The SAF carries out medical screening of our servicemen carefully. Medical screening takes place at several key junctures: before enlistment, before attending specialised courses, before strenuous training or deployment and, periodically, after the age of 25.

The screening is comprehensive. There are 14 medical speciality areas, including eyesight, hearing, cardiovascular, muscular-skeletal conditions. Let me take the screening for cardiac conditions as an example. A 12-lead resting electrocardiogram (ECG) screening is conducted for all pre-enlistees, and the SAF has 28 different protocols to address the different cardiac conditions based on these ECG findings. If abnormalities are found, the pre-enlistees will be sent for additional testing, which may include the stress ECG test or the 2D echo-cardiogram and referral to a cardiologist.

The 12-lead resting ECG screening was introduced in November 2000 on the recommendation by the SAF's panel of medical experts. The panel of medical experts concluded that the findings of a study published in 1998 on the screening of competitive athletes in Italy were appropriate for the SAF and ought to be adopted by the SAF. The comprehensive study showed that resting ECG was a reliable tool for screening for Hypertrophic Cardiomyopathy (HCM), which is one of the more common causes of sudden cardiac death among young adults. HCM is a disease of the heart muscle in which a portion of the muscle is thickened.

Sir, the introduction of this 12-lead resting ECG screening is an example of how the SAF keeps up with the best and most appropriate screening practices. The SAF is guided by an independent panel consisting of top medical consultants and specialists in Singapore that sits regularly to review the entire medical screening regime. In a recent review concluded last September, the SAF medical screening protocols were found to be comprehensive, robust and in line with good clinical practice. In fact, the SAF's routine screening for heart disease in pre-enlistees is equivalent to the standards recommended by the European Society of Cardiology and International Olympic Committee, and higher than the standards recommended by the American Heart Association. The SAF's screening protocols are also more comprehensive than those used by many other established armed forces.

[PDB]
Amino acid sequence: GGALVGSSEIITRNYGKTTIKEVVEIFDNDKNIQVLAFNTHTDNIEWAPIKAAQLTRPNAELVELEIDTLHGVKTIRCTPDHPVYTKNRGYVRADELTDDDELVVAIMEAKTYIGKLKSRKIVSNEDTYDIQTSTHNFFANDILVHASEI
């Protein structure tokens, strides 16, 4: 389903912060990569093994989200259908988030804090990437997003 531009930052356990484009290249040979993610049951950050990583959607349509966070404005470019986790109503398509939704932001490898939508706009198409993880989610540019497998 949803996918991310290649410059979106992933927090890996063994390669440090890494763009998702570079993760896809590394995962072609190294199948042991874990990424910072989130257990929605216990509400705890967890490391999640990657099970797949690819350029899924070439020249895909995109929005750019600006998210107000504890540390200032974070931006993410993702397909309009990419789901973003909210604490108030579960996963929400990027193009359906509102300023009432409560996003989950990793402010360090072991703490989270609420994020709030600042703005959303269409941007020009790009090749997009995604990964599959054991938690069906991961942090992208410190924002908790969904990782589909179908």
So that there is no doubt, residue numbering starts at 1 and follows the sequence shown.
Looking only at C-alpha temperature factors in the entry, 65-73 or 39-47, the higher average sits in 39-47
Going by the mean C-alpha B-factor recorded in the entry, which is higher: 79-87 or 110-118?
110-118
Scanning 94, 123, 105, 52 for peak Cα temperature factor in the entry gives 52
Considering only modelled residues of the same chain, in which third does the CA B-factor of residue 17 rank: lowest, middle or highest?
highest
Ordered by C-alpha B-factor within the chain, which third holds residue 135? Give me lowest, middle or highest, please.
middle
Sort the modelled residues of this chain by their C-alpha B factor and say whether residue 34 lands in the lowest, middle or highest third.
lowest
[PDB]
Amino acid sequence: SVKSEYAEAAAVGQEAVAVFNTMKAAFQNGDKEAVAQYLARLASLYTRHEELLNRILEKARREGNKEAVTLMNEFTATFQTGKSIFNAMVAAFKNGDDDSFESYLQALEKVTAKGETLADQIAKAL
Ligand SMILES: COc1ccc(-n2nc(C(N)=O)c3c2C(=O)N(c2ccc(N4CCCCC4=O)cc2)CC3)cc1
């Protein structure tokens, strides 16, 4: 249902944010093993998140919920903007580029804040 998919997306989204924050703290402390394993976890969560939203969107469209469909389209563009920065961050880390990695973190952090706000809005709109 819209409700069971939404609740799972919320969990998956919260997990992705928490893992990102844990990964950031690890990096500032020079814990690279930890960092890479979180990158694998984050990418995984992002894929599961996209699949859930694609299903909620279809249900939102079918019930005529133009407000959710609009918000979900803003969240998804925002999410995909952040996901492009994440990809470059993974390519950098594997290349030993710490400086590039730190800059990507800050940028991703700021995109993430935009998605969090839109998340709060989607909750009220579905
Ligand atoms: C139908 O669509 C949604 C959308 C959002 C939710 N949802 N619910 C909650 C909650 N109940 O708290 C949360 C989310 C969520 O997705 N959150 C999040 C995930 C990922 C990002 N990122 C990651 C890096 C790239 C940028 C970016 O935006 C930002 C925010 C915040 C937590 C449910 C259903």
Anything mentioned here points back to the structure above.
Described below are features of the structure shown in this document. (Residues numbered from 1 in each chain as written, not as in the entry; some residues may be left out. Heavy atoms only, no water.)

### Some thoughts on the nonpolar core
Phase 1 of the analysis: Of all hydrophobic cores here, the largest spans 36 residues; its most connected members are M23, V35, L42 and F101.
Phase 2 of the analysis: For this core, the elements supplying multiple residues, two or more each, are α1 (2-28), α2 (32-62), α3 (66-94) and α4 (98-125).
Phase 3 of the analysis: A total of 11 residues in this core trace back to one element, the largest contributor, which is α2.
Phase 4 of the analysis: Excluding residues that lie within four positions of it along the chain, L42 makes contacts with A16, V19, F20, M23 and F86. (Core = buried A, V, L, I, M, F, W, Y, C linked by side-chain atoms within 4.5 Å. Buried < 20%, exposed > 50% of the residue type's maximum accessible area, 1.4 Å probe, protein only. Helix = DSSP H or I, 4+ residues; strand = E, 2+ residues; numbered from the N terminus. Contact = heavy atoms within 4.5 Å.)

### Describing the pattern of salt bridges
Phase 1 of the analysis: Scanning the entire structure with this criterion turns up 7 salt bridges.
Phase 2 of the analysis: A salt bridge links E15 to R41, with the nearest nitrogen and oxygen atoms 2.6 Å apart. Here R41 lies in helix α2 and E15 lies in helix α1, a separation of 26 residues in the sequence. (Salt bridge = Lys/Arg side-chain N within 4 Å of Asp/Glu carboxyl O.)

Mr Siew Kum Hong asked for figures on sudden cardiac deaths (SCD) in the SAF since 1965, and how many of these were Full-time National Servicemen (NSFs). Sir, I am unable to give the figures since 1965, but I am able to provide the figures from 1995. Specific data on SCD for the years before 1995 was not systematically collected, as SCD itself, in young adults then, was not a well understood phenomenon in the medical community. The figures for 1995 to 2008 show that there were a total of 23 SCD cases in the SAF. Seven of them were of Full-time National Servicemen (NSFs), three of which occurred during training.

Mr Siew also asked whether any of these could have been detected by exercise ECGs or echocardiograms, and whether the SAF was going to introduce additional screening such as these. Of the seven NSFs who died from SCD both during training and not during training, six were due to conditions that were most unlikely to be picked up by exercise ECGs or echocardiograms. This is what the doctors have told me. The remaining one had a condition that could have been detected by exercise ECGs or echocardiograms. This death occurred in 1999, a year before the SAF began conducting ECG screening for pre-enlistees. His condition could have been picked up by the 12-lead resting ECG that was introduced in 2000, and this pick-up would have led to him being referred to a cardiologist and subjected to an exercise ECG or echocardiogram.